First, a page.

READING THE RINGS
On the plane from Miami to Puerto Rico, Julia takes a small package from her purse. It’s wrapped tightly in the front page of Tuesday’s New York Times
Science Section, scotch-tape criss-crossing each of the corners. She scans the words--- something about how ducks imprint on their mothers--- and then peels
back the newsprint to uncover a black, leather-bound journal. Jake’s head has just fallen toward her, his long brown-grey hair shading his face from view. She
can hear his even, sleeping breath, and knows he won’t wake until the stewardess makes the landing announcement. She runs her fingers along the cover of the
book, traces her initials, JAL, and the number, 21. Twenty-one years. She remembers the first journal Jake gave her, also on a plane, and the thrill that had
gone though her. He remembered. She had opened it, handed him a pen and said, “Write down what you think it’ll be like there.” Jake groaned, No, No please,
he had said, but she was smiling— she loved this exercise and made her students do it all the time, whenever they were embarking on any new experience. She’
d ask them to imagine what the air would feel like, the people they would meet, the color of the sky. The students fought her, just like Jake, but she knew that
when they were deeper into it, whatever it was, they loved coming back and realizing how different their presumptions were from the reality.
That first journal was black leather, too, but not as fine as this, with it’s beautiful red stitching. Jake had given her back the pen that time. “You first,” he’d
said. “Okay.” She held the pen above the open page, and then wrote, in her tight little lefty’s script, Too many people close by. House small and dark. But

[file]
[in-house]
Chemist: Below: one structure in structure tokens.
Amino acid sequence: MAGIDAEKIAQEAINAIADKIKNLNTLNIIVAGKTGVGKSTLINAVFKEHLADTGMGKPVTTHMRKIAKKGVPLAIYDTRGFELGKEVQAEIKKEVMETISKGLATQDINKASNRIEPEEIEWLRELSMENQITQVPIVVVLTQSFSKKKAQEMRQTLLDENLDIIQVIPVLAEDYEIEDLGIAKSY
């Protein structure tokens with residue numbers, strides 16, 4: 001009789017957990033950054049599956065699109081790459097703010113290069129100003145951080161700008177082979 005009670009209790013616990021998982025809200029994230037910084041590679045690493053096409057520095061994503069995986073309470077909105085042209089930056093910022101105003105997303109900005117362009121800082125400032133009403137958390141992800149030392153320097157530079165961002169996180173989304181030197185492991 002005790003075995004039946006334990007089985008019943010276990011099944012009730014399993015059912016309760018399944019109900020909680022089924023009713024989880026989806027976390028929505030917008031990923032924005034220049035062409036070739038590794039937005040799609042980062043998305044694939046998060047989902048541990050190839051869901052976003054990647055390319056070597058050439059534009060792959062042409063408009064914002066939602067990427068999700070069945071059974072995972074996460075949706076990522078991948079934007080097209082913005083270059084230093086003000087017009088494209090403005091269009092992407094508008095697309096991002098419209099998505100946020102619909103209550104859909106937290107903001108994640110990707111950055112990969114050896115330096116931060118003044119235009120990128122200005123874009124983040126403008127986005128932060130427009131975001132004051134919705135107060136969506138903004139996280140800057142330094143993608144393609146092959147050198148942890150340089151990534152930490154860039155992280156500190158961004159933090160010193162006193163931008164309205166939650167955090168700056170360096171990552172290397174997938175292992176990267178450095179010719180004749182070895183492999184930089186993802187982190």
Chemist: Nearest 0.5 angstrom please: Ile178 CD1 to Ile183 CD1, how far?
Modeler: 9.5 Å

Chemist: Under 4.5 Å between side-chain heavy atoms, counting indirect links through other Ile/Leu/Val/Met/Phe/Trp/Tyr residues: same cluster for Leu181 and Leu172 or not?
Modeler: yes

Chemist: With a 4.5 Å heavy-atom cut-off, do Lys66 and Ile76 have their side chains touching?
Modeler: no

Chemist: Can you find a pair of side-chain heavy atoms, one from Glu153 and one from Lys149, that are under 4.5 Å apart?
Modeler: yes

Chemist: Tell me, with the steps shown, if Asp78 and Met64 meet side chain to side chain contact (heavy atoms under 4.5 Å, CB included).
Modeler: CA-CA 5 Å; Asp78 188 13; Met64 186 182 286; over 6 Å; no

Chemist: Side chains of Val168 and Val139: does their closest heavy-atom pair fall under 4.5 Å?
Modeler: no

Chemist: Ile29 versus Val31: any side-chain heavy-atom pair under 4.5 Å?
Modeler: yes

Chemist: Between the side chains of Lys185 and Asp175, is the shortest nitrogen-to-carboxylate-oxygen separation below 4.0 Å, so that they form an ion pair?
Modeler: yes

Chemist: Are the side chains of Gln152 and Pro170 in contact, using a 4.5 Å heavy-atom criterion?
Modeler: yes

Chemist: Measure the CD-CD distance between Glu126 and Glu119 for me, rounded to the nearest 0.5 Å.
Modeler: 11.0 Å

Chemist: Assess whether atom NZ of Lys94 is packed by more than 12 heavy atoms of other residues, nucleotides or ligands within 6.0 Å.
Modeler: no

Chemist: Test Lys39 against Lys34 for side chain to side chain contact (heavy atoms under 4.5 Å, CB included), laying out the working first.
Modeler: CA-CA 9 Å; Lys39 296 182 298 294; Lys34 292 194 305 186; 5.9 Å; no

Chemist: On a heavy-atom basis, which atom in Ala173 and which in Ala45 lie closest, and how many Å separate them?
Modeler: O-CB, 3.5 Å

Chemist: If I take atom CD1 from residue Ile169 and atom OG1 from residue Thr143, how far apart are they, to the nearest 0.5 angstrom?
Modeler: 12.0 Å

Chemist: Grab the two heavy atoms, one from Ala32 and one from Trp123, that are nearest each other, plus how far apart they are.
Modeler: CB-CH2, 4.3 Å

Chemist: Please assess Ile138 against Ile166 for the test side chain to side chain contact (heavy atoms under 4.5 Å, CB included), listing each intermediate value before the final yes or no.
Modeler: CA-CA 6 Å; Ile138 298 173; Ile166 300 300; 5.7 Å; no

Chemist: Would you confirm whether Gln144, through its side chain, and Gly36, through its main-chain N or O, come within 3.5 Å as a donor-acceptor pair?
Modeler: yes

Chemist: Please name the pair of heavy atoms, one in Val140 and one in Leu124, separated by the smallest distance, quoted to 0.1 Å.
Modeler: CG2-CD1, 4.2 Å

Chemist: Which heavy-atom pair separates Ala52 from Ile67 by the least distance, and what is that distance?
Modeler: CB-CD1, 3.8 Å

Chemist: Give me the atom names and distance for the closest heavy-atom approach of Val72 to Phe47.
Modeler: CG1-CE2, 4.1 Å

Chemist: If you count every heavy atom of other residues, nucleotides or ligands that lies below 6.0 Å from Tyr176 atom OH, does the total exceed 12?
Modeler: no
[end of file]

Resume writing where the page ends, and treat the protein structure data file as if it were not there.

outside, no place to get out of the sun. Nervous to be with Jake for all that time. Will he get tired of me and want to leave early? What if we don’t know how to
work together, to make this vacation fun for both of us? What will it be like to have all that time on our hands, and no plans? She thought of tearing out the
page and stuffing it in her purse, but decided to leave it be.
“No peeking,” she’d said, turning the page and handing Jake the pen. He didn’t write anything for a long time. Then he picked up her hand, kissed each of her
fingers. Hot, sunny, perfect weather, he wrote. Gorgeous house. Plenty of privacy. Sex everywhere. Heaven.
She has them all, books 1 through 20, lined up on Woody’s curly maple sideboard in her dining room. Woody left her all the good furniture, the silver, the gold-
plated dinnerware. Julia has carted her grandmother’s possessions around the country, first to Buffalo, then a mirror or a table to one boarding school or
another, one teaching job or the next, until she finally settled at Simon’s Rock ten years ago. Each piece now has a home, and Julia never gets tired of any of
She moves the journals into the bedroom on the rare occasions when one of her colleagues or a student comes over for dinner or a conference. She realizes how
nutty this is— why doesn’t she just leave them in the bedroom and be done with it? But she loves the way the leather and the wood look together, soft and hard,
and when Jake comes to spend the night, she wants them visible, where he can pick one up at random. “Listen to this,” Jake will say. “'Rainy, humid,
unfriendly locals. Bad food.' You wrote that. Guess where we were going.” Julia tries not to look at the number on the front of the book, because that would be a
dead giveaway. Number 4— Hilton Head; Naples, Florida; Montreal. Number 19— Thailand; Paris; San Francisco. But she doesn’t need to see the number to
remember writing that entry. It was Book 2, and they were headed to San Juan, Puerto Rico. That turned out to be a glorious trip, a lazy, funny, sunny vacation
that made them fall in love with all of Puerto Rico. They have been back many times— to Vieques (Book 3), Culebra (Book 7), Rincon (Book 11), Vieques again
(Book 15), Humacao (Book 17).
Now, twenty years after they first discovered Puerto Rico’s charms, they are heading to Vieques again, to a beach house they have never seen, Las Piedras, The
House of Rocks. Julia takes out her pen and writes, Wonderful house. Great breezes. Big deck with lots of spaces to read or sleep. Morning shade. Evening star-
watching. Long lazy strolls on a beach that’s all but deserted. Locals on horseback smiling at us. Best of all, Jake within reach every minute of the day and the